New Delhi: In a rare gesture of cooperation, India and Pakistan exchanged lists of their nuclear installations and facilities on Monday, as part of a bilateral agreement to prevent attacks on each other’s nuclear assets.
The exchange, which took place through diplomatic channels in New Delhi and Islamabad, marked the 33rd consecutive year of such an exercise, which began on January 1, 1992.
The Ministry of External Affairs said in a statement that the exchange was done by the Agreement on the Prohibition of Attack against Nuclear Installations and Facilities between India and Pakistan.
The agreement, signed in 1988, aims to reduce the risk of a nuclear conflict between the two nuclear-armed neighbors, who have fought four wars since their independence in 1947.
However, the exchange of lists comes amid heightened tensions between India and Pakistan over the disputed region of Kashmir, where both sides have accused each other of violating a ceasefire agreement and supporting cross-border terrorism.
According to the Stockholm International Peace Research Institute, India and Pakistan have about 150 and 160 nuclear warheads respectively, while China has 320. The US and Russia have the most nuclear weapons in the world, with about 5,800 and 6,375 respectively.
India and Pakistan have different nuclear doctrines and postures, which reflect their strategic and security interests.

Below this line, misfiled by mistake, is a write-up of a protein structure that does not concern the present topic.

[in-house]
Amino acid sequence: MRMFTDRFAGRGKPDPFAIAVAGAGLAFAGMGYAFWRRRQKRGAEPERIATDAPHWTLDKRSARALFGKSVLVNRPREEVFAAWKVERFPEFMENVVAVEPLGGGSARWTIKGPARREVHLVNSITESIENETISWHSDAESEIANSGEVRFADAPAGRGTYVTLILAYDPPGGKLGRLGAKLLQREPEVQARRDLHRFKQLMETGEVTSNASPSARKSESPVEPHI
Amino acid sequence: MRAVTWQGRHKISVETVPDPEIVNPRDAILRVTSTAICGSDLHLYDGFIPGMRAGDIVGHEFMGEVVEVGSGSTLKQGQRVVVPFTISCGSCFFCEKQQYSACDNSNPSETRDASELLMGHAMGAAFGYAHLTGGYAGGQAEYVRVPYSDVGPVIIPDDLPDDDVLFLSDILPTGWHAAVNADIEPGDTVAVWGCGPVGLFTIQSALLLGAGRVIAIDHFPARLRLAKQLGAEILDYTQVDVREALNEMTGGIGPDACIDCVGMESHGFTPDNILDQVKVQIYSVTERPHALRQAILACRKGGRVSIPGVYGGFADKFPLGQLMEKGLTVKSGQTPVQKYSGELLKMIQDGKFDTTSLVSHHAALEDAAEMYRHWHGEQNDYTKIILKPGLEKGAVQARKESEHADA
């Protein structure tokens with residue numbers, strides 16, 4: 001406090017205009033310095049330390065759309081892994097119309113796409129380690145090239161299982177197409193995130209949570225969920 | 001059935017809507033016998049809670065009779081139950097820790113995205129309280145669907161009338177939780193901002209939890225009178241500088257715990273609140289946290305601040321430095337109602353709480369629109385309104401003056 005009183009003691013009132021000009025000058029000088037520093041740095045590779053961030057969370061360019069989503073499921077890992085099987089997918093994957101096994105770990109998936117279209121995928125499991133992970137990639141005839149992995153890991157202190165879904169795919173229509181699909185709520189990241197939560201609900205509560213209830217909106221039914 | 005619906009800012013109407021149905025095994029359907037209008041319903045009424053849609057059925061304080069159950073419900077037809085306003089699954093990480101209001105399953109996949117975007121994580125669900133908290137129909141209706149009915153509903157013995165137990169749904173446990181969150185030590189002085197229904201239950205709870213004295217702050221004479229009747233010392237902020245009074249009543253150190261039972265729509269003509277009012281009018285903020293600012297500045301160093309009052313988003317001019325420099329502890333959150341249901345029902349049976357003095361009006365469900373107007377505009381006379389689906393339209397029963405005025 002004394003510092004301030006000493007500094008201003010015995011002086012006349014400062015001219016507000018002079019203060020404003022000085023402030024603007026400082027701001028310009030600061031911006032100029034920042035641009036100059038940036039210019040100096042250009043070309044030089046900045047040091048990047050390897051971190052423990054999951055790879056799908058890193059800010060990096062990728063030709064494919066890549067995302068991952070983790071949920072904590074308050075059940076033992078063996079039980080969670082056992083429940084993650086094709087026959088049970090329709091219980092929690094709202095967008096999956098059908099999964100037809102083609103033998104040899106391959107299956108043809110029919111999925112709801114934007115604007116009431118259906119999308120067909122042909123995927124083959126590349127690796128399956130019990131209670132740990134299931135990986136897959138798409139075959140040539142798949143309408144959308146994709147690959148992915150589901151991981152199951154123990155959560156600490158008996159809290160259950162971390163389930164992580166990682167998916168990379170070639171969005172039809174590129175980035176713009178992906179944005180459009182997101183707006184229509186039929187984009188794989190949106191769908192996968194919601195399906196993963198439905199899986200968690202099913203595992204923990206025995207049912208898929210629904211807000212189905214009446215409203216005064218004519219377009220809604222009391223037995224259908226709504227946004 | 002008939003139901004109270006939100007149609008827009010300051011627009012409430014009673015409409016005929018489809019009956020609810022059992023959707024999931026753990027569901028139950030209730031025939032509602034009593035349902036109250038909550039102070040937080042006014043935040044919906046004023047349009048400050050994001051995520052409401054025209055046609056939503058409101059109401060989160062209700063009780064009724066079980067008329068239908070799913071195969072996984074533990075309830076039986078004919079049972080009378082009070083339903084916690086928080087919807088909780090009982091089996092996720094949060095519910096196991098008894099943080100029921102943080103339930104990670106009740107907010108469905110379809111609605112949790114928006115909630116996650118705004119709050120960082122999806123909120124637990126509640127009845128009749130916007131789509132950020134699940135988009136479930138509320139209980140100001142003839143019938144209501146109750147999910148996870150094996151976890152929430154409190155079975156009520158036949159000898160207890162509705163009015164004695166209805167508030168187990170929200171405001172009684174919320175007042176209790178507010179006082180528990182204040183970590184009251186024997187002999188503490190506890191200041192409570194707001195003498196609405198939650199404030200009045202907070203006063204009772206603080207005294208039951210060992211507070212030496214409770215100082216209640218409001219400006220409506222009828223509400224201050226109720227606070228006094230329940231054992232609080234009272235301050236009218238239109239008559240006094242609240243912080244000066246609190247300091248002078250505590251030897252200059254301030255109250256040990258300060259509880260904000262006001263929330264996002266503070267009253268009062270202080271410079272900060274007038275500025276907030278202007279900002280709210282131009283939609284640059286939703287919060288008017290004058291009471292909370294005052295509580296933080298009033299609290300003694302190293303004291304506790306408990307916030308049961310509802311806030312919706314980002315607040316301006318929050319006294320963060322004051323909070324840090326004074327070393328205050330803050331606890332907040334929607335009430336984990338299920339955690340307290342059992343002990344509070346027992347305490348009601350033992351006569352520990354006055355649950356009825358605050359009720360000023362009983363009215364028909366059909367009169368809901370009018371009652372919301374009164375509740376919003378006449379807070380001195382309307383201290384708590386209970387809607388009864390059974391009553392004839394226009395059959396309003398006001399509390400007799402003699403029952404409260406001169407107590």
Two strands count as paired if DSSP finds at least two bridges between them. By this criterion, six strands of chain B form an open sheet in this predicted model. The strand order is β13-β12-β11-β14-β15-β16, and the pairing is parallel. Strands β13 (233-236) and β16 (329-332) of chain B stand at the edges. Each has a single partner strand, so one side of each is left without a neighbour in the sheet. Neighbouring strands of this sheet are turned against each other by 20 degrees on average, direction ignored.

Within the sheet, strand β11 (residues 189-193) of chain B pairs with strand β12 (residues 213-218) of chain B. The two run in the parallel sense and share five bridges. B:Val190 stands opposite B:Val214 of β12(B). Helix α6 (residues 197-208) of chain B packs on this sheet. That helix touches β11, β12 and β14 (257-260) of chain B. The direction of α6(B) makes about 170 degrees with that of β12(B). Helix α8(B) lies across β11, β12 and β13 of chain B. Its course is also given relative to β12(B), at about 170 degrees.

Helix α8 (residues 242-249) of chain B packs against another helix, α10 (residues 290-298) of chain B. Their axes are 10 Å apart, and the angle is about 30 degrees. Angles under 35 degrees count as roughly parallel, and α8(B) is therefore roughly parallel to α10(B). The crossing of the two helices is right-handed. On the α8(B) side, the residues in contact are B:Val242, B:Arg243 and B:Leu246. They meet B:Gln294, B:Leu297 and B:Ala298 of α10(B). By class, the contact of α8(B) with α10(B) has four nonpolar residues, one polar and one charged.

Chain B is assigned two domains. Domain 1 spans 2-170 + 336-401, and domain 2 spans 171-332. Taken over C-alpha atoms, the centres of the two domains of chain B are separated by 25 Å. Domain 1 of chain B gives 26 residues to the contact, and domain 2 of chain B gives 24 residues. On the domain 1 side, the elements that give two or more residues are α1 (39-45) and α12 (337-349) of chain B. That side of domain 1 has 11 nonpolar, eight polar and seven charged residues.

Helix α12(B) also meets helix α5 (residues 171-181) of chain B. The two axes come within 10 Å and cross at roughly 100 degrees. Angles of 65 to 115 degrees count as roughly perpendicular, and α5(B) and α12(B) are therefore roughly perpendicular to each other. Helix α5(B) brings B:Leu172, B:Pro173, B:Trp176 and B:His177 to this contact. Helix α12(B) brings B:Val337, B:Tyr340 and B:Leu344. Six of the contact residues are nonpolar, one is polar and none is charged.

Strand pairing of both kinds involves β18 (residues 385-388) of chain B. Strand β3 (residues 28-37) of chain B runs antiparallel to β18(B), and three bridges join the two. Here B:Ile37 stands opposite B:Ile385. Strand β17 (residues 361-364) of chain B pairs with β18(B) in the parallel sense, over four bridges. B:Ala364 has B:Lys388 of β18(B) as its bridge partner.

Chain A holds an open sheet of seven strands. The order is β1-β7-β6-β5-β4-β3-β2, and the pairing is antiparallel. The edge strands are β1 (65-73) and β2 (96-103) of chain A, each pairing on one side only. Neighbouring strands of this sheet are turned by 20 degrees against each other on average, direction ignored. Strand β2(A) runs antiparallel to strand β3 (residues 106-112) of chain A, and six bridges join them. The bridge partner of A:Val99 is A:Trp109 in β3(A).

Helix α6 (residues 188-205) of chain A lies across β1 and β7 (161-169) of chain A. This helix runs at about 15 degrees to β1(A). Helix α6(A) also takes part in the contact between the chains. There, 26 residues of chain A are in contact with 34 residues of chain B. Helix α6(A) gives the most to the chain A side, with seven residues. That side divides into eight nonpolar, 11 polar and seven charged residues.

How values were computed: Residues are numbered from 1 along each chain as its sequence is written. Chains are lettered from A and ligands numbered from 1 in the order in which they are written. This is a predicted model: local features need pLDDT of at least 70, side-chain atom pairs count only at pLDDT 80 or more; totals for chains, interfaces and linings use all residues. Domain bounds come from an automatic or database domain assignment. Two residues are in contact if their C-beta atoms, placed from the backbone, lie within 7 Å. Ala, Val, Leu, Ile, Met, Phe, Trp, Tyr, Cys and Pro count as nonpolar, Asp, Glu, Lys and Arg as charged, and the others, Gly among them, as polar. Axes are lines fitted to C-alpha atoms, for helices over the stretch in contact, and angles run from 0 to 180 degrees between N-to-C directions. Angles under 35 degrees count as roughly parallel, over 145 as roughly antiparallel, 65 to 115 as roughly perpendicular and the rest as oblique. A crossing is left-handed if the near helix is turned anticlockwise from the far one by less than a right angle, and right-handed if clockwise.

India adopted a policy of “no first use” of nuclear weapons in 1999, after conducting its second round of nuclear tests in Pokhran, Rajasthan, in May 1998. The tests, which followed the first ones in 1974, drew international condemnation and sanctions, especially from the US and China.
The then Prime Minister Atal Bihari Vajpayee defended India’s nuclear program in Parliament, saying, “Will preparations for self-defense be made only when there is danger? If preparation is done in advance then the danger of impending danger will also go away.”
India’s nuclear doctrine states that it will use nuclear weapons only in retaliation to a nuclear attack on its territory or forces and that it will not use them against non-nuclear weapon states.
Pakistan, on the other hand, has not declared a policy of “no first use” of nuclear weapons and has maintained a posture of “full spectrum deterrence”, which implies that it can use nuclear weapons at any stage of a conflict with India, depending on the threat perception.
Pakistan conducted its first nuclear tests in May 1998, in response to India’s tests, and has since developed a variety of nuclear delivery systems, including short-range tactical missiles and cruise missiles.
Pakistan has also frequently threatened to use nuclear weapons against India, especially in the context of Kashmir, where it claims the right to self-determination for the people of the region.
The exchange of nuclear lists is one of the few confidence-building measures that have survived the ups and downs of the India-Pakistan relationship, which has been marred by mistrust, hostility, and violence.
However, experts have warned that the exchange is not enough to prevent a nuclear escalation and that both sides need to engage in dialogue and diplomacy to address the underlying issues that fuel their rivalry.